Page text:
There is rarely a reprieve from life and the effects are starting to show. More than three-quarters of mental health social workers say mental health is worsening in the communities they work in, according to a survey by Mind and The College of Social Work released today. Benefit cuts and unemployment are seeing people become “overwhelmed by life circumstances” at the same time as cuts in care budgets mean there’s often nowhere for them to go. Almost three-quarters of those affected are people needing help for the first time, the survey found. It can happen to anyone and nowadays it is.

Mark Wood, another face and another figure, struggled with complex mental health needs but was found fit for work. The 44 year old’s doctor had written to the job centre telling them that he was “extremely unwell and absolutely unfit for any work whatsoever” but he was left, as people are, to try and survive on £40 a week. Mark died a few months later, weighing 5st 8lbs. His family spoke out last week, calling for the system to treat people better. Treating claimants as people – desperate, scared, hungry – would be a start.

Frances Ryan is a journalist and political researcher. She writes regularly for the Guardian, New Statesman, and others on disability, feminism, and most areas of equality you throw at her. She has a doctorate in inequality in education. Her website is here.

Grant Shapps on the campaign trail. Photo: Getty
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Grant Shapps resigns over Tory youth wing bullying scandal

The minister, formerly party chairman, has resigned over allegations of bullying and blackmail made against a Tory activist. 

Grant Shapps, who was a key figure in the Tory general election campaign, has resigned following allegations about a bullying scandal among Conservative activists.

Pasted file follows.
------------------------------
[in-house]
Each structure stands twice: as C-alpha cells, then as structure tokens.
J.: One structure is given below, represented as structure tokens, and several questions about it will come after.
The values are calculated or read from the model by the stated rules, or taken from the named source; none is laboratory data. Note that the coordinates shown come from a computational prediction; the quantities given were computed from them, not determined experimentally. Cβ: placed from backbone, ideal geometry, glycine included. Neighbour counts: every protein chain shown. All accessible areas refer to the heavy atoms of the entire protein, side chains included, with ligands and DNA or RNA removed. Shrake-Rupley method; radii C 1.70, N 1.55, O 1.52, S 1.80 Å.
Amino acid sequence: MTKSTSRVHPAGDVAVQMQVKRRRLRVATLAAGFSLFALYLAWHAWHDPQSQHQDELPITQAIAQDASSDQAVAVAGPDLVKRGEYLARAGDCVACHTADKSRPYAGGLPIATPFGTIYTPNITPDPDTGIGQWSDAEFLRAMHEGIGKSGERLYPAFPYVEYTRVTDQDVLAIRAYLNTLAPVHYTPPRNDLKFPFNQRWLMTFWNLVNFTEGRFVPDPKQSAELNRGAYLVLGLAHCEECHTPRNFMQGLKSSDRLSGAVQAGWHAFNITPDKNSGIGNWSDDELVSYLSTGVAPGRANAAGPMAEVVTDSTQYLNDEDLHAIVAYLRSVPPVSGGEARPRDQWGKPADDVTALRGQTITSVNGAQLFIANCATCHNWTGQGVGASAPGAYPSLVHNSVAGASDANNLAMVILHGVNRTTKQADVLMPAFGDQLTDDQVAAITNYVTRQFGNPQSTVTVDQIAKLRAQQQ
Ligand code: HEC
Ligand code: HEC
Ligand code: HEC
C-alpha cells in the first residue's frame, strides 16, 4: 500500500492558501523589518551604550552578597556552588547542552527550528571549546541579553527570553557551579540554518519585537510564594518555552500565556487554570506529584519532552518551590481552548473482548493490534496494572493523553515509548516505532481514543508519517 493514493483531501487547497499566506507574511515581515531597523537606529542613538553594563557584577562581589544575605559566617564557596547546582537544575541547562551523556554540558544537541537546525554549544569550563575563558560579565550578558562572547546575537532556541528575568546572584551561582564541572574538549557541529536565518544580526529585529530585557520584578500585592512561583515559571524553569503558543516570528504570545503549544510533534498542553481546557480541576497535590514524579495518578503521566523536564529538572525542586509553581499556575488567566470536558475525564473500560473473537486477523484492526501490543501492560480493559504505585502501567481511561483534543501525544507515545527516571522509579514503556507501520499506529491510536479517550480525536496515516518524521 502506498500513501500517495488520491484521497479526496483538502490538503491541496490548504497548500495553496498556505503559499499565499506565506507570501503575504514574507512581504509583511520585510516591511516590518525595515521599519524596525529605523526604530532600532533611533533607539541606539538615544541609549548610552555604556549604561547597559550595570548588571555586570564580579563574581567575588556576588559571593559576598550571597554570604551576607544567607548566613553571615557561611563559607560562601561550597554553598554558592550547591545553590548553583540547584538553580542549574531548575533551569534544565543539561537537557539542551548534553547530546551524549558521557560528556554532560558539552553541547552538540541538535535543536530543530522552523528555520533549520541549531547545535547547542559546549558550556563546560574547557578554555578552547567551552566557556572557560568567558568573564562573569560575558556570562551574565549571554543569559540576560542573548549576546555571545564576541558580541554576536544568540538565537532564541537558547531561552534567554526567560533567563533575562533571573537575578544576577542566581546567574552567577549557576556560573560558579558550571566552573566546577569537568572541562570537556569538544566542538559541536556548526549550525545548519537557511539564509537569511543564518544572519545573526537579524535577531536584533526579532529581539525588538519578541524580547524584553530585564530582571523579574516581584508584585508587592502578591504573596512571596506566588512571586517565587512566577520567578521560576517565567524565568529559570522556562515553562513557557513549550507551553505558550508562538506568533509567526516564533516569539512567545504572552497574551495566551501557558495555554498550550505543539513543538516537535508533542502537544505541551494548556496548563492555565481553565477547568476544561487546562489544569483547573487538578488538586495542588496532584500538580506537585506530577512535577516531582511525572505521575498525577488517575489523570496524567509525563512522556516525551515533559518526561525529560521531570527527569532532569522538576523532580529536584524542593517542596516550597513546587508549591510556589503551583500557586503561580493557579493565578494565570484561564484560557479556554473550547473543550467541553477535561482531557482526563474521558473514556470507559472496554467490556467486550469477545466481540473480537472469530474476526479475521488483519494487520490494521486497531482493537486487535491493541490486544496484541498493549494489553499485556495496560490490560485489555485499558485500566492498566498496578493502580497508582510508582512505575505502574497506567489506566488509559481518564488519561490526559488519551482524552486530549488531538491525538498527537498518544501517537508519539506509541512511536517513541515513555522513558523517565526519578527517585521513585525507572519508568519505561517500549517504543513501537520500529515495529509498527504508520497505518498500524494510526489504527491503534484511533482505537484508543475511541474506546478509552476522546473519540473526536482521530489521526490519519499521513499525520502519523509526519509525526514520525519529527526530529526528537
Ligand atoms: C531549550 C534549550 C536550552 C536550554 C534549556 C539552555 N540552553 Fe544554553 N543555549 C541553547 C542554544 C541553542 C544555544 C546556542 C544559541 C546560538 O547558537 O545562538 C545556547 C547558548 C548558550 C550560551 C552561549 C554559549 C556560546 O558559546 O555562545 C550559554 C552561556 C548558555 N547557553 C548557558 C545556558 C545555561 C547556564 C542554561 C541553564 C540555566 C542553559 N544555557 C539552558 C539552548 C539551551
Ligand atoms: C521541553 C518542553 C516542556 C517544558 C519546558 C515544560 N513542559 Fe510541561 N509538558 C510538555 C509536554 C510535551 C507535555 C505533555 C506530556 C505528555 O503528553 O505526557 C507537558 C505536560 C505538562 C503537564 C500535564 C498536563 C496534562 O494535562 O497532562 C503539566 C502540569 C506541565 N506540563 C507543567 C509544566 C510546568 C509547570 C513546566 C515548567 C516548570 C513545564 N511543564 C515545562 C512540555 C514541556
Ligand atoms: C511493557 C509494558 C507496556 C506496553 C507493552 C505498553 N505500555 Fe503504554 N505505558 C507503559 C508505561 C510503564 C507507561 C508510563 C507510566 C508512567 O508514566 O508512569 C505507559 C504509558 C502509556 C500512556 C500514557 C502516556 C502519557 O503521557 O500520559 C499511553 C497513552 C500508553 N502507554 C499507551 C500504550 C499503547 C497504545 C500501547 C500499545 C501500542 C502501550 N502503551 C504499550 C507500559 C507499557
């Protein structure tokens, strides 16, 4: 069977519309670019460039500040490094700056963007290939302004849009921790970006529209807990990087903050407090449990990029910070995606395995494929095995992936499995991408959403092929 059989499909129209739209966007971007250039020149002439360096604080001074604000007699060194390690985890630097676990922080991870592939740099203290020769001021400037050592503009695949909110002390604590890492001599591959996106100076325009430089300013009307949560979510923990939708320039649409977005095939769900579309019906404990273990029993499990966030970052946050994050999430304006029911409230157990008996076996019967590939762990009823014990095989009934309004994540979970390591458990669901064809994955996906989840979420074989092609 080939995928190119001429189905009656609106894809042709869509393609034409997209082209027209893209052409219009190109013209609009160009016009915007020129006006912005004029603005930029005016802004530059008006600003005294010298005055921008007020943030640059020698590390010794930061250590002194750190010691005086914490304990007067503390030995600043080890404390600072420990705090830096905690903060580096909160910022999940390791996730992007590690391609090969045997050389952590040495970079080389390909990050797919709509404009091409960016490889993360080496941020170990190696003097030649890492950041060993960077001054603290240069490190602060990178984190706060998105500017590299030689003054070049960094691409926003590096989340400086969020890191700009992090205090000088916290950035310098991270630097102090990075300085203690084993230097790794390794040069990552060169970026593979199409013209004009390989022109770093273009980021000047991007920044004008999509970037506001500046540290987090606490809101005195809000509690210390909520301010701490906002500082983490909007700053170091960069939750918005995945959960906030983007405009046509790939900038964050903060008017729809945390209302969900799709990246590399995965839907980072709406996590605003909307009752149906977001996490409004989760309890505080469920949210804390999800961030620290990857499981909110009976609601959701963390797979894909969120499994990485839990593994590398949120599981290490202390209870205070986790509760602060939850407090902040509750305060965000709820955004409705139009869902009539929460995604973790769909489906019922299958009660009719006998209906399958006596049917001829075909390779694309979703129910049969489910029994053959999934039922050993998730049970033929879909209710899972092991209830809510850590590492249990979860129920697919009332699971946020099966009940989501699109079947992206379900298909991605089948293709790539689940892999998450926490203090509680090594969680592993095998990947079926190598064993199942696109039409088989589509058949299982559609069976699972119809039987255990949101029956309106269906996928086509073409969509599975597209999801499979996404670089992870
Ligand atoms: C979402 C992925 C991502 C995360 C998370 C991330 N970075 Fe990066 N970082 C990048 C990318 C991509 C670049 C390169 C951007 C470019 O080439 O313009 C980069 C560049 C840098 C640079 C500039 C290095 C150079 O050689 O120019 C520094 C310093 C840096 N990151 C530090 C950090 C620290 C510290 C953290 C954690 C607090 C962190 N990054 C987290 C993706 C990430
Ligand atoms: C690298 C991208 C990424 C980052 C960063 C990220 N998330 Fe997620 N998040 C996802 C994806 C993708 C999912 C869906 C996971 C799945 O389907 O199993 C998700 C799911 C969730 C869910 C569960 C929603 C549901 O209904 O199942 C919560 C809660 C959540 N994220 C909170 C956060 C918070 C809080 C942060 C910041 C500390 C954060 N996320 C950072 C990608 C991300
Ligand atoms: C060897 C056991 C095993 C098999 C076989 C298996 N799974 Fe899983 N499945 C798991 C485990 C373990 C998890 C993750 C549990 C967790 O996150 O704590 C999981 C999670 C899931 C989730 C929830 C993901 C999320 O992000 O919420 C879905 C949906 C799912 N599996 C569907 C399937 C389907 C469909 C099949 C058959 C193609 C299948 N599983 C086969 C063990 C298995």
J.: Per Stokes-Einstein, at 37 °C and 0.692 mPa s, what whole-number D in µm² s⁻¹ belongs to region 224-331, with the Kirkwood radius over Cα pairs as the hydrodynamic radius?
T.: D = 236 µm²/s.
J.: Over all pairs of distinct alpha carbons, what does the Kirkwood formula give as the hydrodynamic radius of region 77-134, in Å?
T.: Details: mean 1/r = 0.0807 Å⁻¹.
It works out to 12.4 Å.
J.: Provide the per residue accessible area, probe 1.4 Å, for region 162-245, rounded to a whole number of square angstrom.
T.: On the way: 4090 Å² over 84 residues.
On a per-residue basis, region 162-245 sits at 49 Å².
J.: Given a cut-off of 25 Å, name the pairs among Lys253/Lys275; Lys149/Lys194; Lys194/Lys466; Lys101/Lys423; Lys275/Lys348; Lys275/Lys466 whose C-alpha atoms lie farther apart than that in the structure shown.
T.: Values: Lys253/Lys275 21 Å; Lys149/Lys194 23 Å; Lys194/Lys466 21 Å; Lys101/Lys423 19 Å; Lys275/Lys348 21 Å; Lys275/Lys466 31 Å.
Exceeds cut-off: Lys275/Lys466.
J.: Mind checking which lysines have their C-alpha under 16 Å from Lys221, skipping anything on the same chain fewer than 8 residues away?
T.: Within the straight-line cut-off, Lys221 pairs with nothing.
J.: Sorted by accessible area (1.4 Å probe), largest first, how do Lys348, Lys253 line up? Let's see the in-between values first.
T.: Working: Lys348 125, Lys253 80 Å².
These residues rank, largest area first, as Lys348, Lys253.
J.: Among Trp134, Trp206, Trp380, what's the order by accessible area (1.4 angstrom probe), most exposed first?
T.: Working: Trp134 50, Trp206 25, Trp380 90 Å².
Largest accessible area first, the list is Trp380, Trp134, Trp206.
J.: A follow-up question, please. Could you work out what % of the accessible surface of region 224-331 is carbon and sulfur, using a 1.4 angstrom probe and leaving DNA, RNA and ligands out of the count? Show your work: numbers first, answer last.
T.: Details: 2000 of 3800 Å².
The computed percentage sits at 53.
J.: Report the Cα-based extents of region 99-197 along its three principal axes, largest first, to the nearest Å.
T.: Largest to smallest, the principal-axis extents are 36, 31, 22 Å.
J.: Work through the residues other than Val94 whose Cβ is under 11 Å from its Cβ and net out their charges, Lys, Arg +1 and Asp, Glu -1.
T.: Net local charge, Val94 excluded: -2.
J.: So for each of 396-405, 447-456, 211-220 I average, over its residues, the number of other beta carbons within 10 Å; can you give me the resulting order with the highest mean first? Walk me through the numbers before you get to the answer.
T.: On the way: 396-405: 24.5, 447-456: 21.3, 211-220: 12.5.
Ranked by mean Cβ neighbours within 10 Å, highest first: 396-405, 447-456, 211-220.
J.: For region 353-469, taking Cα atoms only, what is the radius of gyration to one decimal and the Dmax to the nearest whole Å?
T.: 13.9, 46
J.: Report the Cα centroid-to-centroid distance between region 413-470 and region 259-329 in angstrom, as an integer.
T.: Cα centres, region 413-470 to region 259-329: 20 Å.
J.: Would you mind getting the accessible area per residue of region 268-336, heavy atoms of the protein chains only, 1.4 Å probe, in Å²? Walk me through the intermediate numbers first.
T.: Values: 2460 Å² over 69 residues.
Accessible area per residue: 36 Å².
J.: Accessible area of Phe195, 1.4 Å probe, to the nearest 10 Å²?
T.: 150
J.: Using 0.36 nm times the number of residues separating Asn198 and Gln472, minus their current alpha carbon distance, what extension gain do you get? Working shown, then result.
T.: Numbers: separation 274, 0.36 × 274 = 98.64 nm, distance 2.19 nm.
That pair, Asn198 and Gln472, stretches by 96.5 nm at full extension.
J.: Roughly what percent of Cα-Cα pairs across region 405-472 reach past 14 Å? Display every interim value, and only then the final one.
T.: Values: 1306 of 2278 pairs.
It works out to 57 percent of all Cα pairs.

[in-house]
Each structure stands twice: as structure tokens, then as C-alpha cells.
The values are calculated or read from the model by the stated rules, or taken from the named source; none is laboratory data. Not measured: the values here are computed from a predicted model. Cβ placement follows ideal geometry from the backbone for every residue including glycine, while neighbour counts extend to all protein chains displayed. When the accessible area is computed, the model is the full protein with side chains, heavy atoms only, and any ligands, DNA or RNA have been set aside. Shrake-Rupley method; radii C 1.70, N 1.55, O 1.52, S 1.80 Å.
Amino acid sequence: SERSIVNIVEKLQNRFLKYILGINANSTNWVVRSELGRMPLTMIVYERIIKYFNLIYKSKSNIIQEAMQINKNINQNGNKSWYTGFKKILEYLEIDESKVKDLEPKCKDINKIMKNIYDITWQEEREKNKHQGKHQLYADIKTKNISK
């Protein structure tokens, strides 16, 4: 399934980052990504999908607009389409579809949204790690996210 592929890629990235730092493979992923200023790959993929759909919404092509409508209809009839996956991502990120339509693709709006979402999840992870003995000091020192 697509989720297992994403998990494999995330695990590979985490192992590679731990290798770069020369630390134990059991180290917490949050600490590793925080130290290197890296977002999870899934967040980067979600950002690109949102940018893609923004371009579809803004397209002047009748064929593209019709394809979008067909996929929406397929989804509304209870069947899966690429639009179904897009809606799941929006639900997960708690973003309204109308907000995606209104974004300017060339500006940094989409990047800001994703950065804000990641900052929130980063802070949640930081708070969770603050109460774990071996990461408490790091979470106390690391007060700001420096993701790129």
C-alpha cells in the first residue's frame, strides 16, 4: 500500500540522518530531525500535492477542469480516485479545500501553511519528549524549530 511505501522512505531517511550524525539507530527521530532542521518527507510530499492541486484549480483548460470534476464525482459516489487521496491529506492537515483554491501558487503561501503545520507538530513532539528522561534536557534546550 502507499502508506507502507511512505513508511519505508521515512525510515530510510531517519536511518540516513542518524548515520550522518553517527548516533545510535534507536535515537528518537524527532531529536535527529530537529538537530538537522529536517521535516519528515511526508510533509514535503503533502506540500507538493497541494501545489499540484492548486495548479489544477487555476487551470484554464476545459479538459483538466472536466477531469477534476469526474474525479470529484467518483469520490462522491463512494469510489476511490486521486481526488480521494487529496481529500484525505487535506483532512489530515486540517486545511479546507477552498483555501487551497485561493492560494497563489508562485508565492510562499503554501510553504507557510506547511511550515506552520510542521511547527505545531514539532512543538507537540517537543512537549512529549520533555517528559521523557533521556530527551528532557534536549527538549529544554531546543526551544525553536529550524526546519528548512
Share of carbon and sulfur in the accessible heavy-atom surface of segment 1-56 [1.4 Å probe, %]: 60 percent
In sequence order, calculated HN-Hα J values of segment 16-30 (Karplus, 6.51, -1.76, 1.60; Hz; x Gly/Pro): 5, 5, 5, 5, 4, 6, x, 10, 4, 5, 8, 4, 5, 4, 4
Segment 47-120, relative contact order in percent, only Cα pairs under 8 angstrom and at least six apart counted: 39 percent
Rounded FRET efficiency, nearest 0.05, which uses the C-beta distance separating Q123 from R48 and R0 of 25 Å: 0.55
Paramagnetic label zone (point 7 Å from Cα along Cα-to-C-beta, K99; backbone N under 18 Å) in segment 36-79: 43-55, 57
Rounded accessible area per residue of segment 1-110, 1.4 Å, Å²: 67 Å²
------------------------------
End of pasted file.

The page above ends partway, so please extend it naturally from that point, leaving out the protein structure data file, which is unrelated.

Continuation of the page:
Shapps was formerly party chairman, but was demoted to international development minister after May. His formal statement is expected shortly.

The resignation follows lurid claims about bullying and blackmail among Tory activists. One, Mark Clarke, has been accused of putting pressure on a fellow activist who complained about his behaviour to withdraw the allegation. The complainant, Elliot Johnson, later killed himself.

The junior Treasury minister Robert Halfon also revealed that he had an affair with a young activist after being warned that Clarke planned to blackmail him over the relationship. Former Tory chair Sayeedi Warsi says that she was targeted by Clarke on Twitter, where he tried to portray her as an anti-semite. 

Shapps appointed Mark Clarke to run RoadTrip 2015, where young Tory activists toured key marginals on a bus before the general election. 

Today, the Guardian published an emotional interview with the parents of 21-year-old Elliot Johnson, the activist who killed himself, in which they called for Shapps to consider his position. Ray Johnson also spoke to BBC's Newsnight:


The Johnson family claimed that Shapps and co-chair Andrew Feldman had failed to act on complaints made against Clarke. Feldman says he did not hear of the bullying claims until August. 

Asked about the case at a conference in Malta, David Cameron pointedly refused to offer Shapps his full backing, saying a statement would be released. “I think it is important that on the tragic case that took place that the coroner’s inquiry is allowed to proceed properly," he added. “I feel deeply for his parents, It is an appalling loss to suffer and that is why it is so important there is a proper coroner’s inquiry. In terms of what the Conservative party should do, there should be and there is a proper inquiry that asks all the questions as people come forward. That will take place. It is a tragic loss of a talented young life and it is not something any parent should go through and I feel for them deeply.” 

Mark Clarke denies any wrongdoing.

Helen Lewis is deputy editor of the New Statesman. She has presented BBC Radio 4’s Week in Westminster and is a regular panellist on BBC1’s Sunday Politics.